The Greater London Authority has a particular interest in the future of public parks in London because the Mayor is obliged to set strategic policy for London’s natural environment and green spaces through his London Plan and his environment strategies. By providing citywide leadership the Mayor also has a role in assisting boroughs to develop new approaches to securing the resources needed to manage and maintain public parks, and to determine the role of parks in a city which continues to grow and develop. The Mayor is also committed to making London a ‘National Park City’ – a policy framework and public campaign to maintain and enhance London’s status as a city of parks and green spaces. The quality and extent of public parks is also highly relevant to the Mayor’s Health Inequalities Strategy and his Economic Development Strategy. Access to green space is one of the key determinants of health; and London’s status as one of the greenest big cities contributes to attracting inward investment and a highly-skilled workforce.
The scale of the problem and the challenge faced by local authorities is set out clearly in the State of UK Public Parks 2016 a recent report from the Heritage Lottery Fund. We do not intend to repeat these arguments here. Suffice to say that the Mayor recognises that public parks need core levels of public funds in order to maintain the basic services and benefits these assets provide. … The advice and recommendations provided in this submission … are drawn from Natural Capital: investing in a green infrastructure for a future London, the report of the independent Green Infrastructure Task Force. The points below are a summary of the key messages [note: extracts]:
• Parks and green spaces should be regarded as components of an integrated ‘green infrastructure’ that is recognised as being as vital to the economic development of our cities as the existing infrastructure of roads, rails, pipes and cables.
• Cities need to rethink the way we plan, design, manage and fund existing green spaces. The role of green spaces, especially in the urban environment, need to be reframed (for example, by combining recreation with flood risk management or protection of heritage with green walking and cycling routes) and regularly upgraded or modified, as happens with other forms of infrastructure.
• Considering green infrastructure as a network also means that we should fill the gaps in our green infrastructure by incorporating it into buildings and public realm.
• Government needs to ensure better join-up of policy and programmes across departments in order to ensure the benefits of green infrastructure are realised and supported by all relevant Departments, including DCLG, Defra, Department of Health and Department for BEIS.
Recommendation: Those responsible for making key decisions about a city’s infrastructure should acknowledge that the green parts [of] cities will need to provide a wider range of benefits. They should also recognise that this green infrastructure needs to be planned, managed and funded like other essential infrastructure.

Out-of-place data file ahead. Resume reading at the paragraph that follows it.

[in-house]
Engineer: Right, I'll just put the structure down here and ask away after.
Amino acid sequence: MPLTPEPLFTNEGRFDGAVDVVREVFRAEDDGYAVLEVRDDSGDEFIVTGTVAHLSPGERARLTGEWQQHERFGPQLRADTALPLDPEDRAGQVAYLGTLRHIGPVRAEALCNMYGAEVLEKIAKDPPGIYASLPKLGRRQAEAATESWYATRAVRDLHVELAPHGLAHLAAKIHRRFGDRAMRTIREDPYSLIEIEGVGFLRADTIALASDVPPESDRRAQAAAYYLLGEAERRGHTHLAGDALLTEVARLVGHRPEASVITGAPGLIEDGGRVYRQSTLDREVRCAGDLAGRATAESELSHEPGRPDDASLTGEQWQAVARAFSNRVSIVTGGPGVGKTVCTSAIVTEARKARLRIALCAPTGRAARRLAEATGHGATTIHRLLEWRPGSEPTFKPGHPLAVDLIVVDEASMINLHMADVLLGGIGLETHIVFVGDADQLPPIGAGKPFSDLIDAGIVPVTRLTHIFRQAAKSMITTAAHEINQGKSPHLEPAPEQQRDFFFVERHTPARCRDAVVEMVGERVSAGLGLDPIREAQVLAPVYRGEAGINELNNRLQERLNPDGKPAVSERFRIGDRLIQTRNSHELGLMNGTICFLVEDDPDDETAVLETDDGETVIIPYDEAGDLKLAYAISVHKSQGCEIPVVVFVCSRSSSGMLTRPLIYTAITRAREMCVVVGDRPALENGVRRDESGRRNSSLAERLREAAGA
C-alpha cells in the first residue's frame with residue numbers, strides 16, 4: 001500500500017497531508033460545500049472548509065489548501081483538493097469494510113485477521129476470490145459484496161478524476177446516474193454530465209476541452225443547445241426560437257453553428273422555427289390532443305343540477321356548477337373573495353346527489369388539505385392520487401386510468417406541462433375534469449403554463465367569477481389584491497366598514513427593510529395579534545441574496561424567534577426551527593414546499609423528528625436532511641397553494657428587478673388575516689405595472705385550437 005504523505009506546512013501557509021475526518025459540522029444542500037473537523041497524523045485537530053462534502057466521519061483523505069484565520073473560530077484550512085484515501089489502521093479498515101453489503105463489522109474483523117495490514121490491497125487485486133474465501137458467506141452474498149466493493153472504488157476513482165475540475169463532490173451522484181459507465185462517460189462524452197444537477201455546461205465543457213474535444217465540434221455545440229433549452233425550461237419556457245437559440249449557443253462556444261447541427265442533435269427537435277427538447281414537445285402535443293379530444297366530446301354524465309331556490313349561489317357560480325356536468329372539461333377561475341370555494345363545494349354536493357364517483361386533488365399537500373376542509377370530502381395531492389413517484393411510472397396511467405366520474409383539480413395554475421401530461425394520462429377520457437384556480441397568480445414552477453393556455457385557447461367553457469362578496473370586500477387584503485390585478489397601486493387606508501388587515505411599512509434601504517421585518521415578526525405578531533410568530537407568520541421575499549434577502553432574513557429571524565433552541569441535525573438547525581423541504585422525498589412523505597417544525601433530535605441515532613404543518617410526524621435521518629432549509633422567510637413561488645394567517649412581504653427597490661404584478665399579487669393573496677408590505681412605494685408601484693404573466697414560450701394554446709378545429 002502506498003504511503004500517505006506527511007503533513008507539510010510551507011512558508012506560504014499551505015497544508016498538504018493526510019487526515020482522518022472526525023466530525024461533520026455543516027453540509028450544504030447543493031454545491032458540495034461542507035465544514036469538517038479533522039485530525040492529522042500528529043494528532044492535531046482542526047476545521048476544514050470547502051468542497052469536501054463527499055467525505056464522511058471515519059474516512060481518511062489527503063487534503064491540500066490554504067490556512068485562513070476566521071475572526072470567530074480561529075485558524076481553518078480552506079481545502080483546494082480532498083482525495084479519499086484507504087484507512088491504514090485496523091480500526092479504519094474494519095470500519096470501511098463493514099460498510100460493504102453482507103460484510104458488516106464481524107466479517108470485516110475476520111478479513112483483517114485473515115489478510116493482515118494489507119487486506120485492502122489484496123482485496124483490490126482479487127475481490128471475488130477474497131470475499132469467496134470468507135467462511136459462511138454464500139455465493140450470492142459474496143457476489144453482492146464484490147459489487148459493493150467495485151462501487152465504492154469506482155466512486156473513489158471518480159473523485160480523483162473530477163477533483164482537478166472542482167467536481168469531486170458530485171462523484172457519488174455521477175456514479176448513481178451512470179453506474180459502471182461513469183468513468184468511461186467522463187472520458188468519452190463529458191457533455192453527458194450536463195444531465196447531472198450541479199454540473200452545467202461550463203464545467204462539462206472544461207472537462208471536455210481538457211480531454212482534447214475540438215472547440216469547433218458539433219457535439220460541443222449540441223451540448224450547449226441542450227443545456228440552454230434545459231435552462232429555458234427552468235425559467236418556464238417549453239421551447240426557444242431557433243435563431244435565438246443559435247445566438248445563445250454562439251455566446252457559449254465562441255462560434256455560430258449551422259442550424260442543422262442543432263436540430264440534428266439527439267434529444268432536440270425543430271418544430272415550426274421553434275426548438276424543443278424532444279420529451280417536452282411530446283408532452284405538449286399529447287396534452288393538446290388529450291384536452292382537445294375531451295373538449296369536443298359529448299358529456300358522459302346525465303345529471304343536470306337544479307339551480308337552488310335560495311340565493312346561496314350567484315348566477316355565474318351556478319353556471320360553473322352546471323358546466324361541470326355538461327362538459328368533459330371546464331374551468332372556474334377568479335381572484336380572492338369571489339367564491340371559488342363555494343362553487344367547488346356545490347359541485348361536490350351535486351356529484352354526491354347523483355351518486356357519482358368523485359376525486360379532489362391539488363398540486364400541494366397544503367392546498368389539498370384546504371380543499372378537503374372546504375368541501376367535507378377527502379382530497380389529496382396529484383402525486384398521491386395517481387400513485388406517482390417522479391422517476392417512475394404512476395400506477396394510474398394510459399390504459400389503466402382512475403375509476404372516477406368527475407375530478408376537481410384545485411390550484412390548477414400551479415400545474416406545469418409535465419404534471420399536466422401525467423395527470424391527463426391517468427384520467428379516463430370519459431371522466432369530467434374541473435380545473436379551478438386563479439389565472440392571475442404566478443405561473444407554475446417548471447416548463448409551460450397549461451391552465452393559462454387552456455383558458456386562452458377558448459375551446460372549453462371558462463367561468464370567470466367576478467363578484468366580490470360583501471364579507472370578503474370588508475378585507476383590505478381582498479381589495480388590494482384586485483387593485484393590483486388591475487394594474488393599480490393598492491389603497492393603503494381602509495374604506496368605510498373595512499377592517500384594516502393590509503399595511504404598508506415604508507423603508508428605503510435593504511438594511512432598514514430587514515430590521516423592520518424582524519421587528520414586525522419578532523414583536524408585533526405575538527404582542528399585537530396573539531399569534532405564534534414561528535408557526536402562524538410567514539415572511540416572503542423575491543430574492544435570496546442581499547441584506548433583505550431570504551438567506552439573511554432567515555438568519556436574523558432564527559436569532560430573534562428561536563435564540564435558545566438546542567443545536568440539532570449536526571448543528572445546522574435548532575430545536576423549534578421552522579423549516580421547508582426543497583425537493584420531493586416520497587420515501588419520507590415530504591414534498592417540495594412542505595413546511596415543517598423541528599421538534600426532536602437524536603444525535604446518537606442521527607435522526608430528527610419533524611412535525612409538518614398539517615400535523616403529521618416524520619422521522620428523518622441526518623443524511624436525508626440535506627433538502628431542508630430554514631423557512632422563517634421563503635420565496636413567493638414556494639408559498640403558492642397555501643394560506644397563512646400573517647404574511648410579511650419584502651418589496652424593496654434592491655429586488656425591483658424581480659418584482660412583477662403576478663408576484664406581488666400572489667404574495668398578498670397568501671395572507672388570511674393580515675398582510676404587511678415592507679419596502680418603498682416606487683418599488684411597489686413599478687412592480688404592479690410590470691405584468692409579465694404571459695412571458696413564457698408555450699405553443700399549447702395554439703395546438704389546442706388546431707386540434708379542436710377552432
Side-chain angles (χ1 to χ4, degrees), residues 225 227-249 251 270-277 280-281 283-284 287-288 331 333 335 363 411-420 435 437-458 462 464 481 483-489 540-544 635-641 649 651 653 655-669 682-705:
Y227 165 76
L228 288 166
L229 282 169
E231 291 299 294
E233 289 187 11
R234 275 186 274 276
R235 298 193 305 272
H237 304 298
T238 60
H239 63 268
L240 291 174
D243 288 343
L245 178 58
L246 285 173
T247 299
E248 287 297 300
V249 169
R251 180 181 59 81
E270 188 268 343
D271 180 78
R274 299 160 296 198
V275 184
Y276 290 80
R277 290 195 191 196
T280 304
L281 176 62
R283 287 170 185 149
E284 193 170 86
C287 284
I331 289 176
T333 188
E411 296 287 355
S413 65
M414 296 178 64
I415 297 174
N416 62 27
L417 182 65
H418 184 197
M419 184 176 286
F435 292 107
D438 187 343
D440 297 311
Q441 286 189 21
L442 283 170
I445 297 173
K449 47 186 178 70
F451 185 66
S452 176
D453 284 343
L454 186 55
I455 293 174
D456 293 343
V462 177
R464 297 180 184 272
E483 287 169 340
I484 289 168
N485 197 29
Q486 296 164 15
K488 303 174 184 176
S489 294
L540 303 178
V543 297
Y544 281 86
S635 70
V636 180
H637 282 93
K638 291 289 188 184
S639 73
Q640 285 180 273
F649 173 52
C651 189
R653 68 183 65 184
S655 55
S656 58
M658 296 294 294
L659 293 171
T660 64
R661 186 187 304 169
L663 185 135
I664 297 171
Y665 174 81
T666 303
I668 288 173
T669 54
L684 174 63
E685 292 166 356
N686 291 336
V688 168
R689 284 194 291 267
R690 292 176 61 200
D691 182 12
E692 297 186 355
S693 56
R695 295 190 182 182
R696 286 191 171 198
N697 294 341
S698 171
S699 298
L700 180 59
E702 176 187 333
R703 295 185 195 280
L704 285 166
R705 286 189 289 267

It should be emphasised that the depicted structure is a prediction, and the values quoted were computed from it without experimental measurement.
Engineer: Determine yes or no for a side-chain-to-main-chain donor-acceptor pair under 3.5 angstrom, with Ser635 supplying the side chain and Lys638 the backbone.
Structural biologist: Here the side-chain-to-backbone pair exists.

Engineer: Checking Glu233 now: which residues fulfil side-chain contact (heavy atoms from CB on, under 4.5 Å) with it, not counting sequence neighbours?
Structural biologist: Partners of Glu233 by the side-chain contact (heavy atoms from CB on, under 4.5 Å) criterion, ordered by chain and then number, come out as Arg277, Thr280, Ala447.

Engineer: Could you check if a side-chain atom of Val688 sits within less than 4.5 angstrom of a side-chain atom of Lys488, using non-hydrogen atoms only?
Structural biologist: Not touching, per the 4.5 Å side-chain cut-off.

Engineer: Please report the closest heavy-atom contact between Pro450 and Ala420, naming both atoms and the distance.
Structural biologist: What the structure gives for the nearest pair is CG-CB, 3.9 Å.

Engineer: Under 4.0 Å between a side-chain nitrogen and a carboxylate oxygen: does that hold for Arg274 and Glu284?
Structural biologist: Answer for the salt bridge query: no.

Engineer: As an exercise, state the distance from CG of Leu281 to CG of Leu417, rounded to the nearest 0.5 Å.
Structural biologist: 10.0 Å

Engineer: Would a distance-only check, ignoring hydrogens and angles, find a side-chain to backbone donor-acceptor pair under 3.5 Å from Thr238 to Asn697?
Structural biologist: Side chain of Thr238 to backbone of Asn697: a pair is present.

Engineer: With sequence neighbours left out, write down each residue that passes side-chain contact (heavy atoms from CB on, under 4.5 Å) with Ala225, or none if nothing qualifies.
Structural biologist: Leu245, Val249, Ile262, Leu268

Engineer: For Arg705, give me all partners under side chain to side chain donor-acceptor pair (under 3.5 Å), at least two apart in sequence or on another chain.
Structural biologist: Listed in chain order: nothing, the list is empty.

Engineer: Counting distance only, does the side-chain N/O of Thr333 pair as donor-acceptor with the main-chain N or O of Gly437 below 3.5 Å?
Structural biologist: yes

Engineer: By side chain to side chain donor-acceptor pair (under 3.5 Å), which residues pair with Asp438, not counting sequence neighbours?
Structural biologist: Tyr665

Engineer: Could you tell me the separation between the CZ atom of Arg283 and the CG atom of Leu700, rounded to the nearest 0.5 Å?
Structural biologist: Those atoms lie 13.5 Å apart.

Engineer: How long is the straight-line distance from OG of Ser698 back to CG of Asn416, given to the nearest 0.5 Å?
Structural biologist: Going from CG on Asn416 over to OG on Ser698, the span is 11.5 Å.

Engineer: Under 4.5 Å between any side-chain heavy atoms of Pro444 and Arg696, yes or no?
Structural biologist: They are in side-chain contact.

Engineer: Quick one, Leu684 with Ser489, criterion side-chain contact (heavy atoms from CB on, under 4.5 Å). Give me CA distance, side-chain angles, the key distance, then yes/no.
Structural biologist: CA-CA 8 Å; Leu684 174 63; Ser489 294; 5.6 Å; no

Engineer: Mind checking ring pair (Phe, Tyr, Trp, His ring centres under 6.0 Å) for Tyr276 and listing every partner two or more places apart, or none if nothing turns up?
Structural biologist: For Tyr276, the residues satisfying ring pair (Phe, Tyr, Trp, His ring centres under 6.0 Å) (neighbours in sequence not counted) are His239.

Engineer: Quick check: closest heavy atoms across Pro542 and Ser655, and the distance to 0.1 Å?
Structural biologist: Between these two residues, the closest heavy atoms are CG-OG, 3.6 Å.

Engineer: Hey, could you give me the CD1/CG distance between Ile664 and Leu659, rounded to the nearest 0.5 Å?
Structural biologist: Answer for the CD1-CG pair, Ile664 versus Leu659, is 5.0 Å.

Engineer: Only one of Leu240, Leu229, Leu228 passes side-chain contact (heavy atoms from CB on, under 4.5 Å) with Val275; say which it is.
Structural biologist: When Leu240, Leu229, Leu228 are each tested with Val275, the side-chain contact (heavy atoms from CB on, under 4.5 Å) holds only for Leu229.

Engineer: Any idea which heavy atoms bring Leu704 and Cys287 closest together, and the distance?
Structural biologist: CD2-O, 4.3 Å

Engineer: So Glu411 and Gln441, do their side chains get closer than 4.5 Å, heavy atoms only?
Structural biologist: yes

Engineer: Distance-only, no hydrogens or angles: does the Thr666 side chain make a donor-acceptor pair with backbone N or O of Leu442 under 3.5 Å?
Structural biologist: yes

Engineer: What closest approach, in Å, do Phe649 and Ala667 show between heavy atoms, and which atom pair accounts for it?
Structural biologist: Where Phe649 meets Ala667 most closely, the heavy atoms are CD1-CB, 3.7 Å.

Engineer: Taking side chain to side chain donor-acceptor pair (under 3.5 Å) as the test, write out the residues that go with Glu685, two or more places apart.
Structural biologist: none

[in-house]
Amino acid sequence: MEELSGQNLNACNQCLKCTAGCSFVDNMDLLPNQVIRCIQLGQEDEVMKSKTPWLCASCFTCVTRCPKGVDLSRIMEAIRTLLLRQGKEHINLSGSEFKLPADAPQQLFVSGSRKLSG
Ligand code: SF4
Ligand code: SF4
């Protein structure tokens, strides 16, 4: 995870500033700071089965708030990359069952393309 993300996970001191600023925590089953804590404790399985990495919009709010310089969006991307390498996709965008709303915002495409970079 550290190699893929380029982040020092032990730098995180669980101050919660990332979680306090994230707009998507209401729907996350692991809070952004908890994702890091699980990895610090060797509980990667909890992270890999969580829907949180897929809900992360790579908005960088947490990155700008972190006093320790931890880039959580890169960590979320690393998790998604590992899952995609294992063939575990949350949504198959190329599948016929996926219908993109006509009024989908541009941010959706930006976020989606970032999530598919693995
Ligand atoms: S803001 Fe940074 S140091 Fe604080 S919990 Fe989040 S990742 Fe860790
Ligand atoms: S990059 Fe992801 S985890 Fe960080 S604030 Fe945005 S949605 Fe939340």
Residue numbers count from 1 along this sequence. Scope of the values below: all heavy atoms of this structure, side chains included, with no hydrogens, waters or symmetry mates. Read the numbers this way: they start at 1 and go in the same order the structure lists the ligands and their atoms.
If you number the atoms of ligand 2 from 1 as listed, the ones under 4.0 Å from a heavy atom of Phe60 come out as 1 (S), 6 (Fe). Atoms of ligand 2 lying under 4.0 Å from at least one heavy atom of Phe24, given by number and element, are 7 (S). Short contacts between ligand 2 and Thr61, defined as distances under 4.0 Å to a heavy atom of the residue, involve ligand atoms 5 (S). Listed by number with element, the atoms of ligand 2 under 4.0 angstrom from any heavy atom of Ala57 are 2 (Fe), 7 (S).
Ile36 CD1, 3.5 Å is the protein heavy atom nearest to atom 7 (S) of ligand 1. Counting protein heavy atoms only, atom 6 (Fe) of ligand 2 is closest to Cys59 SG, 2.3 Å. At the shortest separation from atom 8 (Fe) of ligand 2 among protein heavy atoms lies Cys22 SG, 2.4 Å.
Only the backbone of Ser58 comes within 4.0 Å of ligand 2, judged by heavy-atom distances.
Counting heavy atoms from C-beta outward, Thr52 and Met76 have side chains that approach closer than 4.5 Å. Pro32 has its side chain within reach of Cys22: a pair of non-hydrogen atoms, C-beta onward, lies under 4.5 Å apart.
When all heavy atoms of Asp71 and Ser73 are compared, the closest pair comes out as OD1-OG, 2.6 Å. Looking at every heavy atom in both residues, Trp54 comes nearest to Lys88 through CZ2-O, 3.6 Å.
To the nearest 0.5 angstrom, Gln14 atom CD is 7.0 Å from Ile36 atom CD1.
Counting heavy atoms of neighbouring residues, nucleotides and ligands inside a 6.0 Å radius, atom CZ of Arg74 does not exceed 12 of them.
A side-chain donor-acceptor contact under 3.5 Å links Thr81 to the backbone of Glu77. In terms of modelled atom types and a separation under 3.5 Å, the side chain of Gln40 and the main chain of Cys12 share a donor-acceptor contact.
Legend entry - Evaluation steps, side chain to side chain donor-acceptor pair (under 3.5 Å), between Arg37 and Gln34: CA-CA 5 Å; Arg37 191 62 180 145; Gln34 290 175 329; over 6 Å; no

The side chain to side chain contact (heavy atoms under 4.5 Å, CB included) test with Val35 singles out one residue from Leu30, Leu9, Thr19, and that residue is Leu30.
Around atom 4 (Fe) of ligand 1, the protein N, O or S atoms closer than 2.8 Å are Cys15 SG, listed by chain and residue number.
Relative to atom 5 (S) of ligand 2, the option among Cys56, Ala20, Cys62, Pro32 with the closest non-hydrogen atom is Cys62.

…the management and maintenance of London’s traditional green infrastructure has been subject to boom and bust cycles of public funding, i.e. periodic capital investment followed by often inadequate long-term maintenance funding. This has been exacerbated by the fact that green infrastructure provision is not a statutory requirement for local authorities and therefore there are no dedicated or ring-fenced funds allocated to green infrastructure provision. This is an area that could be addressed as part of the debate on fiscal and financial devolution. For example the London Finance Commission suggested, in its report Raising the Capital, allowing London government to introduce levies on environmentally detrimental or unhealthy activity to assist in delivering wider public good objectives.
Changing the way we value the benefits of green infrastructure will help address these problems. Some of the approaches advocated by the Natural Capital Committee and others may be helpful and need to be embedded into practice. But it is also clear that new sources of funding and finance are needed. These include models that compensate for environmental loss or degradation, or leverage more private sector finance to offset the costs of upgrading more traditional infrastructure….
Recommendation: As of the ongoing identify the scope for additional levies or compensatory mechanisms on environmentally detrimental activity that could assist in funding green infrastructure projects. These should include, for example, ‘stormwater credits’ and ‘biodiversity offsetting’.
Extracts from the evidence that the GALA lead officer submitted to the national inquiry last year (2016).